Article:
(Reuters) – A U.S. judge on Friday found that pharmaceutical company AbbVie Inc used sham litigation to illegally prevent generic versions of testosterone replacement drug AndroGel from getting to market and ordered the drugmaker and its partner to pay $488 million.
The ruling by U.S. District Judge Harvey Bartle in Philadelphia came in an antitrust lawsuit filed in 2014 by the Federal Trade Commission against AbbVie and its partner Besins Healthcare Inc.
The decision followed a non-jury trial that tested the ability of the U.S. regulator to fight efforts by major pharmaceutical companies to prevent the sale of cheaper generic versions of their drugs.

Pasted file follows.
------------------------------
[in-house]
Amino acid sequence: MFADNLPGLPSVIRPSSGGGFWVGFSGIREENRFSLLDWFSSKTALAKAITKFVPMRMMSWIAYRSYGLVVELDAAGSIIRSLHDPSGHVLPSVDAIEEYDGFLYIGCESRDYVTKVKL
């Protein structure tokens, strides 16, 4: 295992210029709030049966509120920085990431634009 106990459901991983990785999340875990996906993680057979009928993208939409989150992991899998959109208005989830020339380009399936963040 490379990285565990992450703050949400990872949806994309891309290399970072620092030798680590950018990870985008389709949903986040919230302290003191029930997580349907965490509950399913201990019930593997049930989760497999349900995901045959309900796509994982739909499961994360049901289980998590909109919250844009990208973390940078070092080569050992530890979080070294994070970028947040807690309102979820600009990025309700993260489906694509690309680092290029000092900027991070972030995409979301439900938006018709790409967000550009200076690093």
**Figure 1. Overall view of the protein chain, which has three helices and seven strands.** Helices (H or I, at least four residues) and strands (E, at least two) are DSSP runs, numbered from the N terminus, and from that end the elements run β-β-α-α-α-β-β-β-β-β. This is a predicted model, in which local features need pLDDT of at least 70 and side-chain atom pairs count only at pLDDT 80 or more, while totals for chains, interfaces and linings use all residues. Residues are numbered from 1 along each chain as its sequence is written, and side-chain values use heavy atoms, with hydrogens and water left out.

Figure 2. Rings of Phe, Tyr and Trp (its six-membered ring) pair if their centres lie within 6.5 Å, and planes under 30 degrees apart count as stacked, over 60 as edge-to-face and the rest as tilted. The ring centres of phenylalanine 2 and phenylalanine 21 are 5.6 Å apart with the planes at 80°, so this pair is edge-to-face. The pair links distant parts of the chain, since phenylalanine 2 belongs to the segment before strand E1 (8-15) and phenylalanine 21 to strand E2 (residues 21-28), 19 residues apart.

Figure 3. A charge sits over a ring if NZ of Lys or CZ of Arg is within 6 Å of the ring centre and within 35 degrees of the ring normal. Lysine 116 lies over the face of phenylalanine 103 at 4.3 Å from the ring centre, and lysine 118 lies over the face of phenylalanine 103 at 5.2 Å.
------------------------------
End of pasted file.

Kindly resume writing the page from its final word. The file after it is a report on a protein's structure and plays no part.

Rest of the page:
The FTC had accused Chicago-based AbbVie and Besins of filing baseless patent infringement lawsuits against competitors to delay the launch of their generic products.
The FTC, which had sought $1.35 billion, said the order was the largest monetary award ever in an antitrust case that it litigated in court. Bartle said liability would be apportioned between AbbVie and Besins according their agreed royalty rates.
“It sends a clear signal that pharmaceutical companies can’t use baseless litigation to forestall competition from low-cost generics,” FTC Chairman Joe Simons said in a statement.
Representatives for AbbVie did not respond to requests for comment. A lawyer for Besins had no immediate comment.
Reporting by Nate Raymond in Boston; Editing by Richard Chang
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